It must be admitted, however, that most of these religious factors became significant after Christianity was firmly established in Korea. Indeed, much of the current emphasis upon prayer developed out of the great revival of 1907, and the annual revival meetings are an attempt to[page 5] keep alive the spiritual momentum generated by the earlier revivals.8 These religious factors, while of great importance, are not the cause of church growth, but rather are the fruit of seeds planted by past generations of Christians.

Probing a bit deeper we find other factors at work in the socio- historical process. To begin with, the period of rapid church growth came with the establishment of Protestant Christianity in Korea in 1884. This came only after a century of Catholic presence in Korea, much of it under conditions of severe persecution.9 The first Catholics to come to Korea were a Father Gregario de Cespedes and a Japanese priest named Fukan Eion, who came in 1593 to attend to the spiritual needs of Christians in the Japanese army.10 This was, of course, during the Hideyoshi invasions so that any connection whatsoever with the Japanese was totally rejected by Koreans. From the Korean perspective, therefore, this first contact was an utter failure.

Although Korea was closed to foreigners—and known as “the Hermit Kingdom”—Catholic ideas did enter Korea via China from Koreans who came into contact with the Jesuits in Peking. Eventually a church was established in 1784 but it encountered almost immediate persecution.11 There was strong opposition on the part of the Neo-Confucian gentry due to the refusal of Catholics to participate in the Confucian ancestral rites. This was, of course, due to Vatican interference in the famed Rites Controversy in China. Numerous persecutions followed in which thousands were martyred, including a number of missionaries who had clandestinely entered the country.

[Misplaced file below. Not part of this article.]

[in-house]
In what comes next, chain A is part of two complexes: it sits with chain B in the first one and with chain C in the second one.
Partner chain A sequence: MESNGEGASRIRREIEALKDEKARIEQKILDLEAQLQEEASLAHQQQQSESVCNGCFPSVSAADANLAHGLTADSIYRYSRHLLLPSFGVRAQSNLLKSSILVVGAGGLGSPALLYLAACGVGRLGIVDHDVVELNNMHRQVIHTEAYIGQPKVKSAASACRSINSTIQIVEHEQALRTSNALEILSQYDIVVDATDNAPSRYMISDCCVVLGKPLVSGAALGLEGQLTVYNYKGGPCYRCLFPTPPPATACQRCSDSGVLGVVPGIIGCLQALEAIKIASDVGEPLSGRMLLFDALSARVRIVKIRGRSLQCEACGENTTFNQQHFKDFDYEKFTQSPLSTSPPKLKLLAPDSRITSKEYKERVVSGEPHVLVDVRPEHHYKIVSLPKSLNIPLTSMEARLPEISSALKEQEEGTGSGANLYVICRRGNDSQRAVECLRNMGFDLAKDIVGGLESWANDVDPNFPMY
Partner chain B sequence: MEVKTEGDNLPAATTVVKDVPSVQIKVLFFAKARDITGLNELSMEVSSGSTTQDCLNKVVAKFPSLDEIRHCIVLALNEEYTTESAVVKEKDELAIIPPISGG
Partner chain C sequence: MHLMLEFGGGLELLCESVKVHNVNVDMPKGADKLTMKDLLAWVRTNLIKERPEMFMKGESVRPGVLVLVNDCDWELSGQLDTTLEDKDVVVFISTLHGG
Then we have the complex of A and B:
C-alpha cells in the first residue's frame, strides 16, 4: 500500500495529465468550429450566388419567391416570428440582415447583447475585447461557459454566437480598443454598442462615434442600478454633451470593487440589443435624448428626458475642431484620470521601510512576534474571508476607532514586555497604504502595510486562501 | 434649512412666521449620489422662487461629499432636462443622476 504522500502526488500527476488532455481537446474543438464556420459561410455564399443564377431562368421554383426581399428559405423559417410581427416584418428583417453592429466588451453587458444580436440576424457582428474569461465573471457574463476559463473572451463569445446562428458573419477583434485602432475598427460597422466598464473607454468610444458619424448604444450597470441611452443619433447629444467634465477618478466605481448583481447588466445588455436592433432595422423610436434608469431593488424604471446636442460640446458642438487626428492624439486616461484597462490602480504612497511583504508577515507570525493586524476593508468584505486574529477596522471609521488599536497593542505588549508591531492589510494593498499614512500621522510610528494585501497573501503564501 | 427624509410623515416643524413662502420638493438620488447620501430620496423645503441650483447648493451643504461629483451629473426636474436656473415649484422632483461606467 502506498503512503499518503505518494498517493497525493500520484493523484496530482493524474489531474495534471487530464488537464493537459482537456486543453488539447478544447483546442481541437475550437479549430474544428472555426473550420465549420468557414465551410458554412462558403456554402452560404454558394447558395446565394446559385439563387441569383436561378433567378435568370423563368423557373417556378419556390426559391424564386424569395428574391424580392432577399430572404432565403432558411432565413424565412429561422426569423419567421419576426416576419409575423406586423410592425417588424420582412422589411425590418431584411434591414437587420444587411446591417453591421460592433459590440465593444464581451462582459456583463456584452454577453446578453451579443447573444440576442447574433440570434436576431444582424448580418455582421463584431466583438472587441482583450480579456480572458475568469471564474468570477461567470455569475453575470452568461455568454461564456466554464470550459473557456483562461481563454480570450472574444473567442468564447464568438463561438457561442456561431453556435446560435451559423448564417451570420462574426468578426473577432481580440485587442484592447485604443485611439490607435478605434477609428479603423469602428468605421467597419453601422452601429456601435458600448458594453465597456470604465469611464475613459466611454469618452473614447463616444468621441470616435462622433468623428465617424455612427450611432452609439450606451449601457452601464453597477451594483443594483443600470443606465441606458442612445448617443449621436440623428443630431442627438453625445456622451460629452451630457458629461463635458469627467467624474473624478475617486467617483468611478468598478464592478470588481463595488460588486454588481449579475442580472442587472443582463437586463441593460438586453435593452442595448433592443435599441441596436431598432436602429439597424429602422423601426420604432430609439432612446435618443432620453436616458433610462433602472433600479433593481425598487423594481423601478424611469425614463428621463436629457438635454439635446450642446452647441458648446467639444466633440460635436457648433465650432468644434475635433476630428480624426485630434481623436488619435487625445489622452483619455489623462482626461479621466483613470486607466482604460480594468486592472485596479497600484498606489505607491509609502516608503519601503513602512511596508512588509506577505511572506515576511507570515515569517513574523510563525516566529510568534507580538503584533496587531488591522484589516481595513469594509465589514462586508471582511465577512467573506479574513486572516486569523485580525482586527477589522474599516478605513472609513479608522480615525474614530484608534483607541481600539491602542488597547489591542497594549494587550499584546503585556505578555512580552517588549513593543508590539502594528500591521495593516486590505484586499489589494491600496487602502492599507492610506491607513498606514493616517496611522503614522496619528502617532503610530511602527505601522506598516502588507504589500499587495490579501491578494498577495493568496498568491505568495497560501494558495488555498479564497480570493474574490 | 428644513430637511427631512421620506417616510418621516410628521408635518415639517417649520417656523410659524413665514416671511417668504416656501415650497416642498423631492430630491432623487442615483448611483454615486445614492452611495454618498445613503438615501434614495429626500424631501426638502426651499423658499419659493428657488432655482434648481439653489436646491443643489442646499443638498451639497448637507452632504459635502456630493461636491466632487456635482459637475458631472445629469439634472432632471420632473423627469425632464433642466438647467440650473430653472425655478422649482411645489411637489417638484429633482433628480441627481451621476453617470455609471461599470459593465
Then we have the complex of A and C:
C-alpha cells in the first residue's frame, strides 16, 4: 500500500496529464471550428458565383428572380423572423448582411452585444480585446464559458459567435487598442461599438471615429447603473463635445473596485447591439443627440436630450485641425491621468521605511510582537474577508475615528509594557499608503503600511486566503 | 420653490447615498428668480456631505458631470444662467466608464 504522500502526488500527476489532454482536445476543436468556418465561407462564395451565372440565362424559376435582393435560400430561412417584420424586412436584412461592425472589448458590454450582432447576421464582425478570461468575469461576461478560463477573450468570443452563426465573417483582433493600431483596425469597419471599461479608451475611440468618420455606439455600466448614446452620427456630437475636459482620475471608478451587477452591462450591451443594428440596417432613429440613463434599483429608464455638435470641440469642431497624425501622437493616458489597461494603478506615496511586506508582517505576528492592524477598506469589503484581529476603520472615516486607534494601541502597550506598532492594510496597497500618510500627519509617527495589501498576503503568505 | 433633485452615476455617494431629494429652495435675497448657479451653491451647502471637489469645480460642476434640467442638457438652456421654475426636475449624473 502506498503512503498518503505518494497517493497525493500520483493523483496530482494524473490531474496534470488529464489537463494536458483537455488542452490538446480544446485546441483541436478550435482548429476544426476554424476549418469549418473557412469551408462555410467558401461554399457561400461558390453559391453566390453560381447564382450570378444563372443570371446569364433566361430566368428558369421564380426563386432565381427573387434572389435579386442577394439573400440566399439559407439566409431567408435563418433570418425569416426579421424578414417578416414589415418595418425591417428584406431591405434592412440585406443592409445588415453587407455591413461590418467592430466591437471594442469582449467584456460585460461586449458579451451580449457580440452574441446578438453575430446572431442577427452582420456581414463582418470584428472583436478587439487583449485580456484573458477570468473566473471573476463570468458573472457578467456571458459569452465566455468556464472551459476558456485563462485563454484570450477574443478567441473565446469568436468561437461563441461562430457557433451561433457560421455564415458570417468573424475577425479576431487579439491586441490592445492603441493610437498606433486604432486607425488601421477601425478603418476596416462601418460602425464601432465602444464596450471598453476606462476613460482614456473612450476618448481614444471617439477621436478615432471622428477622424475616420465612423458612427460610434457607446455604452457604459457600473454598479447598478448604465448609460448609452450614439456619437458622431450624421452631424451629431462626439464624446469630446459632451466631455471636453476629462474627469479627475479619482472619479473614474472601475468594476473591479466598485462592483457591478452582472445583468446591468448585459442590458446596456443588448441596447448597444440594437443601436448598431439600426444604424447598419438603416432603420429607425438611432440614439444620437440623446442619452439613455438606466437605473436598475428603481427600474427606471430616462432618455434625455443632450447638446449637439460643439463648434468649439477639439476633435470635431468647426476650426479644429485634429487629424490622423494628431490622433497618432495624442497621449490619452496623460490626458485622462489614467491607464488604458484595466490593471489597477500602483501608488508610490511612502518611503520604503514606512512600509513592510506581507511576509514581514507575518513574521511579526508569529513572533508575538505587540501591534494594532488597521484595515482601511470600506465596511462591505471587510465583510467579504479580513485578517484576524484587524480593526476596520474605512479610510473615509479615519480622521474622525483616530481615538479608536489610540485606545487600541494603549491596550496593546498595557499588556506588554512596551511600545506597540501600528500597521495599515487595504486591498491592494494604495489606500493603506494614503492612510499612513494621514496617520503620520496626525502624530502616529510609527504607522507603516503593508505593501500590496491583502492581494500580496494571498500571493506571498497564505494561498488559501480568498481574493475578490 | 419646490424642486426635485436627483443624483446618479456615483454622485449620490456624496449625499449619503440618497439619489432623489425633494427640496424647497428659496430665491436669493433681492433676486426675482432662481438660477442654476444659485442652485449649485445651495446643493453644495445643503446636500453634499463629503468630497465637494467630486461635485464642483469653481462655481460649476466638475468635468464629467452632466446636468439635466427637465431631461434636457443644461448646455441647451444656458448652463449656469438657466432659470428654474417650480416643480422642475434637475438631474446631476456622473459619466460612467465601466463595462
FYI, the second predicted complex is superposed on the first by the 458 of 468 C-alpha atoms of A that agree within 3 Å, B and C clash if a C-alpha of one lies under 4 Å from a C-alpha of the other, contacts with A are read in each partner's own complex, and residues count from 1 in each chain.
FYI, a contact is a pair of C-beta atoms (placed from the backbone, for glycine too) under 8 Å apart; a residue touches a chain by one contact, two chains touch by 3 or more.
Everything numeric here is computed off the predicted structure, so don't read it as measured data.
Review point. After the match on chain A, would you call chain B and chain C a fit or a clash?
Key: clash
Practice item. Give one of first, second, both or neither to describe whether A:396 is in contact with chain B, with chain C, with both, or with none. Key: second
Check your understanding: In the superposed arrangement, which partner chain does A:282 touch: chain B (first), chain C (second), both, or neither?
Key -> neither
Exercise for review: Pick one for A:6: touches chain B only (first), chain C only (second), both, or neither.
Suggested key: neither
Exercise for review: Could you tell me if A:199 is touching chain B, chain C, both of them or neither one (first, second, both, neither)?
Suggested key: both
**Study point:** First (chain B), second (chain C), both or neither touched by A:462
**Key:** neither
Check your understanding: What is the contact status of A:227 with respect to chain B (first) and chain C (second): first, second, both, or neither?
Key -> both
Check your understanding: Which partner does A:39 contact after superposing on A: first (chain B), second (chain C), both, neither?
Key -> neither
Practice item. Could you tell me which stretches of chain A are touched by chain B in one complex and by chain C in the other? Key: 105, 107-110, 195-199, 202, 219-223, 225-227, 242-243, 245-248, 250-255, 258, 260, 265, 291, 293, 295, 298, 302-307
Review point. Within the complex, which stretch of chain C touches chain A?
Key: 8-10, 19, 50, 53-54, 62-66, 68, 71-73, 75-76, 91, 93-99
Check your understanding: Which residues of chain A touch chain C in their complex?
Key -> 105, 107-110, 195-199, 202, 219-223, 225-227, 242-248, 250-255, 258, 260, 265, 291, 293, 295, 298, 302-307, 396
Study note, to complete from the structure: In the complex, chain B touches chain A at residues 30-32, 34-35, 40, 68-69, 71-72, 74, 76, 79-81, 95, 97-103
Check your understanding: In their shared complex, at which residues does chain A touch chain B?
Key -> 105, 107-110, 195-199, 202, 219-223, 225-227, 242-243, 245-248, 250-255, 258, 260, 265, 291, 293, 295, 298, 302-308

George Lak-Geoon Paik, a noted Korean historian of Christianity, offers three criticisms of the Catholic presence in Korea: (1) The laity were untutored in Scripture; (2) there was too great an emphasis placed on the ecclesiastical structure; and (3) Catholics became involved in political activities which were perceived to be traitorous to the Korean state.12 It was the third factor which was decisive and James Huntley Grayson goes on to say that “probably the strongest criticism which may be made against the Church is that it allowed itself to become entangled with foreign powers, and thus ran afoul of strong feelings of national pride and independence.”13 Entanglements with both Japan and the Vatican (which was allied with European powers such as France) served to[page 6] hinder the growth of the Catholic Church.

Thus the first century of the Catholic Church in Korea was characterized by a series of persecutions in which thousands died. It is estimated that between 1801 and 1876 over 10,000 Catholics were executed because of their refusal to follow the traditional Confucian ancestral rites.14 The Church was therefore placed in a position of opposition to the royal court. Catholics were forced to live in isolated rural villages, sometimes deep in the mountains,and they were unable to found any institutions such as schools, universities, or hospitals. The Church played no official role in Korean cultural life, and in the latter years of the Chosun Dynasty when some Neo-Confucian scholars became influenced by Catholic ideas, and in several instances even became converts, these scholars were either executed or sent into exile.